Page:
Singapore property investors — both corporate and individuals — are increasingly looking overseas to diversify their portfolios. Most investors are looking to traditional hot spots such as London, Sydney and Melbourne, primarily driven by children's education as well as for investment. Another market that has seen an increase in interest among investors is Iskandar Malaysia. "We've seen those with a bit more appetite for risk looking at Malaysia, and Iskandar has certainly been a market where we have seen growth in demand, and significant international investment," says Nicholas Holt, regional head of research at Knight Frank Asia Pacific. "However, this is a long-term play," he cautions.

Across Asia-Pacific, China, Hong Kong, and even Indonesia as well as Malaysia have introduced some form of anti-speculation measures. Even in the West, the UK has raised stamp duty land tax recently. Countries such as France, Italy, Portugal and Spain, have also introduced some form of wealth tax or higher property taxes, observes Holt. In Switzerland, there is a 20% cap on second homes, "which pretty much means that there are no more ski chalets being built in the Alps at the moment", he adds.

Value in US commercial property?

By contrast, tycoons such as OUE's Riady and SingXpress Land's Chan see value in US commercial property. Perhaps it is because the US is one country that has not seen any direct government intervention in the property market, points out Holt.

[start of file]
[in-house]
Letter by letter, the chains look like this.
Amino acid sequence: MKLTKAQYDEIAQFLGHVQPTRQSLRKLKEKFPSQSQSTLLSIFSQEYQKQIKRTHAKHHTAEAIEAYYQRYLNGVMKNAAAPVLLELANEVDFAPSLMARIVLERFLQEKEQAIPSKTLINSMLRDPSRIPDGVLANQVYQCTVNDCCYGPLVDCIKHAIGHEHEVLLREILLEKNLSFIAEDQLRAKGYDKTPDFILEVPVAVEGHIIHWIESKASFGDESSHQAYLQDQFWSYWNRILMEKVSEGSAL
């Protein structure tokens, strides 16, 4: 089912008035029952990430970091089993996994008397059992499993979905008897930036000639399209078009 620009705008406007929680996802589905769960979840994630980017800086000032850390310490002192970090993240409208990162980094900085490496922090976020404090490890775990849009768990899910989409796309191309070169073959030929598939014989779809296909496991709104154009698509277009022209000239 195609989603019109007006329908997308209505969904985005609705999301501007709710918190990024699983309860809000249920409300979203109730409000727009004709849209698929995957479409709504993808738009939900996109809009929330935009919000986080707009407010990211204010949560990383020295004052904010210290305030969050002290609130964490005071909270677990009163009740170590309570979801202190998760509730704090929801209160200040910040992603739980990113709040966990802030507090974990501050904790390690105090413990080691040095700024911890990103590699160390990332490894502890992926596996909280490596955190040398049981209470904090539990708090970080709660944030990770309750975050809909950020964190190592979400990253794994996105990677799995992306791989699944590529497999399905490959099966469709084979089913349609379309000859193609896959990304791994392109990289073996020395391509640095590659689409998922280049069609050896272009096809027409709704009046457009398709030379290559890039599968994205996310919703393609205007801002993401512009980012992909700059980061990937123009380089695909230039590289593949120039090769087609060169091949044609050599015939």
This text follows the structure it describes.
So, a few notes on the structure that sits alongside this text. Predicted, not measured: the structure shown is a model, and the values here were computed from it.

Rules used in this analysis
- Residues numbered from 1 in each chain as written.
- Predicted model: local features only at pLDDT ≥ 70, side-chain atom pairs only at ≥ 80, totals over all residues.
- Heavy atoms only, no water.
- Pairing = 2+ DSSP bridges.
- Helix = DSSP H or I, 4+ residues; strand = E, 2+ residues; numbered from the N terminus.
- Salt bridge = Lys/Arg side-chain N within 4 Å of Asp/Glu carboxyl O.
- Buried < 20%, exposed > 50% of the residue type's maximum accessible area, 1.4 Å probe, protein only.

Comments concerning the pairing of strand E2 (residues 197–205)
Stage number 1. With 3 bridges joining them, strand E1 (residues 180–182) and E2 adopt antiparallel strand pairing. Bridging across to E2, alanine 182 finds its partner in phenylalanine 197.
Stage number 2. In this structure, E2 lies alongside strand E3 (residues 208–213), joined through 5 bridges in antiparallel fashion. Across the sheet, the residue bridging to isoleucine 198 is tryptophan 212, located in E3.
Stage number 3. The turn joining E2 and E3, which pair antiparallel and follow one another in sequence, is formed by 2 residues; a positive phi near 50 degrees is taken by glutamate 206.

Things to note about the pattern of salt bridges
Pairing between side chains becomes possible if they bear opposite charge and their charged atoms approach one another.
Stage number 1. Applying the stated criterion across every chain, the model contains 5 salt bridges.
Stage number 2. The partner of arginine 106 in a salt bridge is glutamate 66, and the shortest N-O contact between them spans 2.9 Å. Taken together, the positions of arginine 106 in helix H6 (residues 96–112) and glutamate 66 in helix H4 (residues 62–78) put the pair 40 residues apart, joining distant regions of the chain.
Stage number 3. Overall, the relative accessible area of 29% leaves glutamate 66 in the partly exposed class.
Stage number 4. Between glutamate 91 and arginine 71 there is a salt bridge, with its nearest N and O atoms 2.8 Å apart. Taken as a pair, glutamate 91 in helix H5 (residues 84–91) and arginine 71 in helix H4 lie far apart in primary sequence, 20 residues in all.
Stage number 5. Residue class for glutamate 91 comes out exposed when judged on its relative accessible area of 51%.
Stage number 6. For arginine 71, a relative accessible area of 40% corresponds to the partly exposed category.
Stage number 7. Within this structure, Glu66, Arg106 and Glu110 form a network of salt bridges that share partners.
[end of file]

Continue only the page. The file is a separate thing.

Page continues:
According to OUE in its FY2012 results briefing, Singapore remains a preferred market, but the bid-ask spreads have made it tough to acquire more assets. The acquisition of US Bank Tower came shortly after the briefing on Feb 26, when the company's management discussed the potential of exploring overseas opportunities, and identified the US and China as the two most attractive markets, according to Credit Suisse in a report.

"After a successful 2012, OUE is seeking new avenues for growth, where value can be identified and realised," says Riady. OUE intends to leverage its strengths in leasing and asset repositioning to increase occupancy and net operating income yield on US Bank Tower, which is currently only 56%-leased.

However, Credit Suisse raised concern about the low occupancy of US Bank Tower. According to analyst Yvonne Voon, net absorption in the US office market is still in the negative range, with no signs of levelling off. "This could suggest higher concessions, given the higher vacancy of the large office building," she reasons. Vacancy in downtown Los Angeles is said to be 13.8%, with asking rents of $37.37 psf per year. Meanwhile, Class A office space absorption has been -271,000 sq ft in 2012 versus -176,000 sq ft in 2011. In fact, it has been in negative territory since the onset of the US subprime crisis five years ago.

OUE's Riady has shown himself to be a gutsy investor in Singapore. Recently, in a two-month battle for listed conglomerate Fraser and Neave (F&N), which has assets ranging from soft drinks to property development, Riady was pitted against Thailand's richest self-made billionaire and largest brewer, Charoen Sirivadhanabhakdi of Thai Beverage PCL. However, the Thai tycoon has since won majority control of the conglomerate.

Investment banking approach

Meanwhile, SingHaiyi's Chan, who used to run his own investment banking firm, adopted the same approach to real estate investing in Singapore. Of the more than 35 companies he has restructured over the past 40 years, Chan is proudest of the turnaround he engineered at American Pacific Bank. The Portland, Oregon-based commercial bank was on the verge of bankruptcy when Chan purchased it in 1987. He recapitalised the bank, expanded its business and made it profitable before listing it on the NASXDAQ from 1988 to 2004, when it was subsequently merged with Washington-based Riverview Bancorp Inc.